That’s a shame, because all those little details are what life is. And that is even more noble and real than the great moments could ever hope to be. But out of sight, out of mind. We don’t realize how good our days are until they’ve passed and become the good old days.

This is why I’ll always love my old things and try to remember each stupid detail of each humdrum phase of life. This is why I have a shelf full of journals and random scraps of thoughts written on paper and phrases typed into my phone on the go so I don’t forget them. Because these little stories are life, and these little stories are what we end up caring about.

These little stories are what writers are here to tell.

Time

Hello everyone! I hope your week has been going well! It’s almost Friday!

Last weekend I got to go home, and on Sunday after church my family went on a picnic and hike to Oil Creek State Park. This park is unique because part of it is the site of an old ghost town, Petroleum Centre.

stone 2

 

The town itself is gone and replaced with beautiful woods. But some traces remain, like the cemetery, train tracks, one house, some foundations, and the front step of what used to be the bank.

 

step

 

This town has been a very familiar place for me since my childhood. My parents took us on hikes up mountains and through forests when I was as young as five. It’s been fascinating to grown up learning about the history of the place. Ghost towns in general are just so haunting. Petroleum Center was a booming center of the oil industry (as its name suggests), but the thing about boom towns is that they become ghost towns. The place was founded in the mid 1860s and mostly abandoned less than ten years later.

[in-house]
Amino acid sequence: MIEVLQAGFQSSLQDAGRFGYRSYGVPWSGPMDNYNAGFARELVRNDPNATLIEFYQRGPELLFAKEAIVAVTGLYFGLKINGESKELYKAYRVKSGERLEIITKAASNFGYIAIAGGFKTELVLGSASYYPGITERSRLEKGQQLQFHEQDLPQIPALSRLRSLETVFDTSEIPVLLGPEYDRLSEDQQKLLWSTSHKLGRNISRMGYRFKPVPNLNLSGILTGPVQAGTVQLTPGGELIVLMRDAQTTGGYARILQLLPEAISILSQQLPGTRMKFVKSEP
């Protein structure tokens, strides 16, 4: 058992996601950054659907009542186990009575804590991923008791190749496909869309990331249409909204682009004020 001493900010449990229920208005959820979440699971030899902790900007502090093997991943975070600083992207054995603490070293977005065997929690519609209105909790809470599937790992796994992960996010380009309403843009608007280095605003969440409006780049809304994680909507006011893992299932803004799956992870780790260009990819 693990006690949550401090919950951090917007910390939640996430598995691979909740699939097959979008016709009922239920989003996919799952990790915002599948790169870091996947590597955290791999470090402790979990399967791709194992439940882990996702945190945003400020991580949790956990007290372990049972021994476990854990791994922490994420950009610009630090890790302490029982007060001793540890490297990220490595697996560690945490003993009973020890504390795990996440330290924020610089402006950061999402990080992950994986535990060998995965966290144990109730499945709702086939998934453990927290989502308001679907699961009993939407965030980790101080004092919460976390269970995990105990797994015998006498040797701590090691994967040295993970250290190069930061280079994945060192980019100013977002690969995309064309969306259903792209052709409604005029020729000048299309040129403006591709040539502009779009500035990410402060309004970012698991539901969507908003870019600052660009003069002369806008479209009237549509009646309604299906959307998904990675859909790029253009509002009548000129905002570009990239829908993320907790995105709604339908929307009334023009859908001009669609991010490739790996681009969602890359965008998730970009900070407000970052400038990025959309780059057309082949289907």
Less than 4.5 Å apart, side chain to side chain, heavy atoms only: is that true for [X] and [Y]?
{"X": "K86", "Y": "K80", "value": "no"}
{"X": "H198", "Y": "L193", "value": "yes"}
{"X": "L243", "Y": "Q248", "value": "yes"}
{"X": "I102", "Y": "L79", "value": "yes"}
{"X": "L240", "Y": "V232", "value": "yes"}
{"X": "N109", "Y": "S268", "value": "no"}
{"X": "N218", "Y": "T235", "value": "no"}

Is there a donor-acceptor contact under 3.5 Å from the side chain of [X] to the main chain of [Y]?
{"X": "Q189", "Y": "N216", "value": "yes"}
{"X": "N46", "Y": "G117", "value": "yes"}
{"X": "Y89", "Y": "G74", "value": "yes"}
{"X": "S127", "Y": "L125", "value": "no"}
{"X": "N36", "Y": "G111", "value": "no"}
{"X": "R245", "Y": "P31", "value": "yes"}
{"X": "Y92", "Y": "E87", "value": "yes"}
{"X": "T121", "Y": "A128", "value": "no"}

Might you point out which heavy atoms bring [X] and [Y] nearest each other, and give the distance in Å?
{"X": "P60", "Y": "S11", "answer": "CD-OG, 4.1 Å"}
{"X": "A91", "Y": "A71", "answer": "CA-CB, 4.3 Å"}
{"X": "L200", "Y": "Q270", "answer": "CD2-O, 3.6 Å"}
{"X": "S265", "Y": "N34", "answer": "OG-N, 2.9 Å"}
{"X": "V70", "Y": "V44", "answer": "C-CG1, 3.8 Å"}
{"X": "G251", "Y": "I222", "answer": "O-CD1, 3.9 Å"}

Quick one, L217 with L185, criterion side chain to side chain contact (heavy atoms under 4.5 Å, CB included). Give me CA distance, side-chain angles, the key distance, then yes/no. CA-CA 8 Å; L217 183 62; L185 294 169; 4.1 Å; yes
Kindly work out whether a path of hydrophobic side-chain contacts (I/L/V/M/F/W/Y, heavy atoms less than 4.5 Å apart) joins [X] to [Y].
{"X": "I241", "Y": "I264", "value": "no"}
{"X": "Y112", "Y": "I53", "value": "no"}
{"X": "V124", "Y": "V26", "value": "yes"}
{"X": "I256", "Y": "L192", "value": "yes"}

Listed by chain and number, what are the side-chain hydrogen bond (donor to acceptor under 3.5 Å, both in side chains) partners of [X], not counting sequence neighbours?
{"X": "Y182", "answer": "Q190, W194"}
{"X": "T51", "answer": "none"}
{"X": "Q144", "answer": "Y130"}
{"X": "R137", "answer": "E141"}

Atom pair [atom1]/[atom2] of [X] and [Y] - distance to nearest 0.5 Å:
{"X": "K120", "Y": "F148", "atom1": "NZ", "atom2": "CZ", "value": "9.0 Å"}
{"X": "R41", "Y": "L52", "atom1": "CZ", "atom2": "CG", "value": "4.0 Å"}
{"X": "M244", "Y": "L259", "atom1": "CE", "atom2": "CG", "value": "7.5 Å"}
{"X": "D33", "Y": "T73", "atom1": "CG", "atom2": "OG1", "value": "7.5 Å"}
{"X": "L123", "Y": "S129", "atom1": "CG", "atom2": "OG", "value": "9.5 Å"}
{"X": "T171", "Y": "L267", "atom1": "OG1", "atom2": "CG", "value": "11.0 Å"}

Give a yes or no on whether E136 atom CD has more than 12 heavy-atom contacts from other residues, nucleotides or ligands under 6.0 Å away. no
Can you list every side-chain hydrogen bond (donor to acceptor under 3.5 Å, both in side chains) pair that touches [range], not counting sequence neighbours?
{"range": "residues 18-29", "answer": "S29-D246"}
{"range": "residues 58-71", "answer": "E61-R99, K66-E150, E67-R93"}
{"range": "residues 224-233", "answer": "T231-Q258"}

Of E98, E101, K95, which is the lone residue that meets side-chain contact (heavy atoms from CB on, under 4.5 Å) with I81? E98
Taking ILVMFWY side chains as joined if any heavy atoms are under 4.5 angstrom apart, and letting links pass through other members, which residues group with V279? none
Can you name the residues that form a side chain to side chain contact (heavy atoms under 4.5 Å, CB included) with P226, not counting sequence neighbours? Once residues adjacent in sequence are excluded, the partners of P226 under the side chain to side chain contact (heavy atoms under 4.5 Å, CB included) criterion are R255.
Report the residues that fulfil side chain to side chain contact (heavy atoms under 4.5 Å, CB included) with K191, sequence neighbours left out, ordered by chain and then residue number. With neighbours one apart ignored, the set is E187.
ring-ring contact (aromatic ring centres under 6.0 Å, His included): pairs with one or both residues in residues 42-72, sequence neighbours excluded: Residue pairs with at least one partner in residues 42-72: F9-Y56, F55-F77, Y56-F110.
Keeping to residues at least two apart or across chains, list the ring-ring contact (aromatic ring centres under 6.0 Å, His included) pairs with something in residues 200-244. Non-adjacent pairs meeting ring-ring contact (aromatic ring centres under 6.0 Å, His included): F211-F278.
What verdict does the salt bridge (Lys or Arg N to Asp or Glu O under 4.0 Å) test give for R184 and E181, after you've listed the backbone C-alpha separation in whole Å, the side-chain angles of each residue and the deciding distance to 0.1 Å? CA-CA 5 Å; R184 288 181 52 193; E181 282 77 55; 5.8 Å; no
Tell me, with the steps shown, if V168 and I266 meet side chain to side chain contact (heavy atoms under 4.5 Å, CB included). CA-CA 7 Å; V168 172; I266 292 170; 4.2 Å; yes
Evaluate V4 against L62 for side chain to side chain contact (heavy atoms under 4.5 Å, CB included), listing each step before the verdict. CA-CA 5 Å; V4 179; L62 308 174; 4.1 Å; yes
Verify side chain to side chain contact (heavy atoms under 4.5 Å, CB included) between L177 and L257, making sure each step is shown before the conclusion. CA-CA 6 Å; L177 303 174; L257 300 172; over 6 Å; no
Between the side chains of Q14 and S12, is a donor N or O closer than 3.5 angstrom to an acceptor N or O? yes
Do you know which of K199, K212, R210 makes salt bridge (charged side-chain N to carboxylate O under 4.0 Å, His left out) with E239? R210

This front step is captivating to me. Think about all the history, all the life this thing has seen (assuming rocks have eyes). Think about the men who wiped their boots on it, the women who swirled their skirts on it, and the children who played on it. That’s pretty darn cool. So here’s a poem that this front step inspired.

 

Time

Stone glistens like diamond,

and in their worn leather boots

men lounge

and smoke.

 

Stone glistens like diamond,

and in their wooded wheeled tents,

people pass

far away.

 

Stone glistens like diamond,

and in their luscious fur coats

creatures stop

and watch

 

Stone glistens like diamond,

and in their metal, engined beetles

natives drive

and remember.

 

(Poetry and photography by Hannah Allman)